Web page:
SAGE Publications

Rotary drum composting of different organic waste mixtures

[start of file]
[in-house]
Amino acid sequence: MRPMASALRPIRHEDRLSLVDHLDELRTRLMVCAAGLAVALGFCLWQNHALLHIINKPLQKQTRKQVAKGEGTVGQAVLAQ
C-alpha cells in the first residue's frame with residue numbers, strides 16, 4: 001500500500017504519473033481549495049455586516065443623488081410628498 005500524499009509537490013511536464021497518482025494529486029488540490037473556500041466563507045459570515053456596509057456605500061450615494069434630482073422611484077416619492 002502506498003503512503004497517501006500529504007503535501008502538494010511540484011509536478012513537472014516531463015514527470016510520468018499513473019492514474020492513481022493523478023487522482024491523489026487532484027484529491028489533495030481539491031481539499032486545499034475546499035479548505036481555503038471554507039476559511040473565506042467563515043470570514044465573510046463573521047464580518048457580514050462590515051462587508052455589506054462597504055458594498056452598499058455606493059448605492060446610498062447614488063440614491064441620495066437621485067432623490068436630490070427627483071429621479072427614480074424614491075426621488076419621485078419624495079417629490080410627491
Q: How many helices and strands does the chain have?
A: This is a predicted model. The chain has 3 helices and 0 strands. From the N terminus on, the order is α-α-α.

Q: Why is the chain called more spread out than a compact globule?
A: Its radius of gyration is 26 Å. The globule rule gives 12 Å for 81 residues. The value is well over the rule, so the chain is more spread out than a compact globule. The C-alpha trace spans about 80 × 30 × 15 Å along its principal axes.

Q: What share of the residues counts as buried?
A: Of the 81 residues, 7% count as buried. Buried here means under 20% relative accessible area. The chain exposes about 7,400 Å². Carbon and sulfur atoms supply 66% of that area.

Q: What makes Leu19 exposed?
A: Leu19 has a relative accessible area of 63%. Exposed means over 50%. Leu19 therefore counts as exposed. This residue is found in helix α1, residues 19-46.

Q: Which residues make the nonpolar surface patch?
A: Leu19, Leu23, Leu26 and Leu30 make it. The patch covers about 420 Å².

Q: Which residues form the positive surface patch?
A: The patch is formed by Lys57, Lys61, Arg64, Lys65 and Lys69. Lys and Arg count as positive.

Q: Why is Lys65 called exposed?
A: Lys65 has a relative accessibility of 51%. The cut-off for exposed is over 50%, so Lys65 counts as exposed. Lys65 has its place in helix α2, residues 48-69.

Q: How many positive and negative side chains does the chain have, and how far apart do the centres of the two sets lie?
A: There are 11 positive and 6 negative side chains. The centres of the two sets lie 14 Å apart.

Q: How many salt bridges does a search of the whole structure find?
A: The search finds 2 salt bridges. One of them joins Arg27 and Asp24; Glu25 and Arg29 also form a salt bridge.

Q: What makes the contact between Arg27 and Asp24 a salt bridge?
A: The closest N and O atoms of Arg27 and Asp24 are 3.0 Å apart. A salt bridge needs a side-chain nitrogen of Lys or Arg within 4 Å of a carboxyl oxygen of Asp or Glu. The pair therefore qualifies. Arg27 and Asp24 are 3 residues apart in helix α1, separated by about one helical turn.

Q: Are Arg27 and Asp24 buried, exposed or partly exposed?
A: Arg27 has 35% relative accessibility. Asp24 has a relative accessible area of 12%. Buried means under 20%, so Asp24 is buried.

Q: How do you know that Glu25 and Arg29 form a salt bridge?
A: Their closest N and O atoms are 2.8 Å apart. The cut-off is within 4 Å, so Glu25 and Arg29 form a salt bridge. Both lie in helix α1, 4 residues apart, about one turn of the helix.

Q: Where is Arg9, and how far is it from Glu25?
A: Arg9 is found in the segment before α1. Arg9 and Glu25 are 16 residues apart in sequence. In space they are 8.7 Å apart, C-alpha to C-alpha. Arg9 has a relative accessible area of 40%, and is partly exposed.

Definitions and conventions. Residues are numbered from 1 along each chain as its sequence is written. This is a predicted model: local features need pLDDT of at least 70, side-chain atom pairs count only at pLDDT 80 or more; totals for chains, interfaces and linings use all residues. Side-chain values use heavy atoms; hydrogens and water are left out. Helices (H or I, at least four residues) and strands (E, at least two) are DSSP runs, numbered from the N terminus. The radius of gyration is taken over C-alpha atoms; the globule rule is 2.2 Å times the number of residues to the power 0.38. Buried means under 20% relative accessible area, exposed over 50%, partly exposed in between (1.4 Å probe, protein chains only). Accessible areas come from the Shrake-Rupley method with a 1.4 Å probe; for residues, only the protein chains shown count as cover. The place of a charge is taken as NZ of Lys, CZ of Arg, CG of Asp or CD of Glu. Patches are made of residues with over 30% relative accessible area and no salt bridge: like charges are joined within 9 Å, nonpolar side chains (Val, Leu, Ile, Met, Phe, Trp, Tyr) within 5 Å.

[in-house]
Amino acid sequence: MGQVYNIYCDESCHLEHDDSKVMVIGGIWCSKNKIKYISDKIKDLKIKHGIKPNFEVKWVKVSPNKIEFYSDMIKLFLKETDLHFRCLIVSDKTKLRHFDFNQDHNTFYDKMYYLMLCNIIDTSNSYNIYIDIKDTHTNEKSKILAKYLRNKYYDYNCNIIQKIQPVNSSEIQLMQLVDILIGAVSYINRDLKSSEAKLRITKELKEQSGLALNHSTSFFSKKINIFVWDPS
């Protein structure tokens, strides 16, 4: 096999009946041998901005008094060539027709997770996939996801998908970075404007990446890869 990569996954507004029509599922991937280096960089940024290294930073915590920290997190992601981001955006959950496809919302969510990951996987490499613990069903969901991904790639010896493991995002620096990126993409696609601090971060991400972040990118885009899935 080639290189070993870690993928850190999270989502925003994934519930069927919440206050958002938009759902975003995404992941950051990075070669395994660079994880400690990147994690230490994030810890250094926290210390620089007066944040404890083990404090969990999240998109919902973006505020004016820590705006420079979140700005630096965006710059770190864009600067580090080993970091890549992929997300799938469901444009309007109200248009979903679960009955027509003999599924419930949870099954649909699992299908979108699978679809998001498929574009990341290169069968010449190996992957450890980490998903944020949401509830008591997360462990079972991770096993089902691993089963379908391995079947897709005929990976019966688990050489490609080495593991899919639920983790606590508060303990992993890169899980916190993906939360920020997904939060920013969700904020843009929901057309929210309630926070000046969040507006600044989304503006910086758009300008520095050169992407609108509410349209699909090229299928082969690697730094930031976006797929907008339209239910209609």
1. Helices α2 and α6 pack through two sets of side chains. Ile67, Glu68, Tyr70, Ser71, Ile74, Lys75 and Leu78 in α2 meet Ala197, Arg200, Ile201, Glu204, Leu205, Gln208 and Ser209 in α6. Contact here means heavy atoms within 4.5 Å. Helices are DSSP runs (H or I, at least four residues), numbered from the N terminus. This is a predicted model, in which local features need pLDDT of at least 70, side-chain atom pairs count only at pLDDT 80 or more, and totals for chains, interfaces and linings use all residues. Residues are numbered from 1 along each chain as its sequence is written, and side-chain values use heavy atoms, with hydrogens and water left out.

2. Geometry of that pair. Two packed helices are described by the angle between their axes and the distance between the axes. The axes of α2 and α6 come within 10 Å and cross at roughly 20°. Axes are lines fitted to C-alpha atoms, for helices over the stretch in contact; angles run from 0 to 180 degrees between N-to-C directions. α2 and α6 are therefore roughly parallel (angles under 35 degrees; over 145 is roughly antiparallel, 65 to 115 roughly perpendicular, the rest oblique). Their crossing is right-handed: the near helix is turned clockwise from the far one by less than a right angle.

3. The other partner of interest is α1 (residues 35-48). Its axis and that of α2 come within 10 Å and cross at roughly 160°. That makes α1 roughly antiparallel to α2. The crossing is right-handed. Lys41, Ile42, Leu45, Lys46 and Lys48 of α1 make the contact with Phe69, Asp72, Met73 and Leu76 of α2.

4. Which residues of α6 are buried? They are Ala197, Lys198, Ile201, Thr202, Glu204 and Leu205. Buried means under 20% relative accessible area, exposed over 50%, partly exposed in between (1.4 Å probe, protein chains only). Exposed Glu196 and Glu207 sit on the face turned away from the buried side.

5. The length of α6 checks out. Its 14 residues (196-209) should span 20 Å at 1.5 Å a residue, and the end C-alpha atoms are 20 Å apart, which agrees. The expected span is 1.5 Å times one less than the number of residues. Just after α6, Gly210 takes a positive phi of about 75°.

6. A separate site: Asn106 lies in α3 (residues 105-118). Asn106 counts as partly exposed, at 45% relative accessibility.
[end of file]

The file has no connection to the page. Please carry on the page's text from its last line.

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The effects of three different mixtures of organic waste on composting in a rotary drum were examined by measuring changes in physico-chemical and biological parameters. It was observed that the time courses of the three mixtures: run A (grass cuttings, vegetable waste and food waste), run B (cattle manure, vegetable waste and sawdust) and run C (cattle manure, food waste, vegetable waste, paper waste and sawdust) were quite diverse. Run B, with initial C/N ratio 22 and containing a large proportion of cattle manure produced high quality and mature compost within 20 days. It showed a final total nitrogen (2.1%), final total phosphorus 3.52 g kg—1, final total organic carbon (TOC) (24.8%) and final moisture content (44%). At the end of 20 days, higher degradation led to final chemical oxygen demand (COD) (454 mg L— 1), biochemical oxygen demand (BOD) (107 mg L— 1), fecal coliform (1.2 x 102 bacteria g— 1), fecal streptococci (85 bacteria g—1) and low electrical conductivity (1.658 dS m—1), respectively. Furthermore, run C with initial C/N ratio of 30 and containing a larger amount of food and vegetable waste produced good quality compost and resulted in 4.34% total nitrogen and 2.42% total phosphorus after 20 days, but, it had higher final fecal coliform 2.5 x 104 bacteria g —1, fecal streptococci 2.1 x 104 bacteria g—1, high TOC and NH4-N and a BOD/COD ratio of 0.63, which rendered it hygienically unsafe and immature. Finally, run A with initial C/N ratio of 15 showed a higher amount of EC (4.84 dS m—1), NH4-N, BOD/COD ratio of 0.4 with 15% nitrogen loss, which indicated an unstable product even after 20 days of composting. Therefore, it was found that rotary drum composting of a combination of cattle manure, vegetable waste and sawdust resulted in a primary stabilized compost within 20 days of composting.

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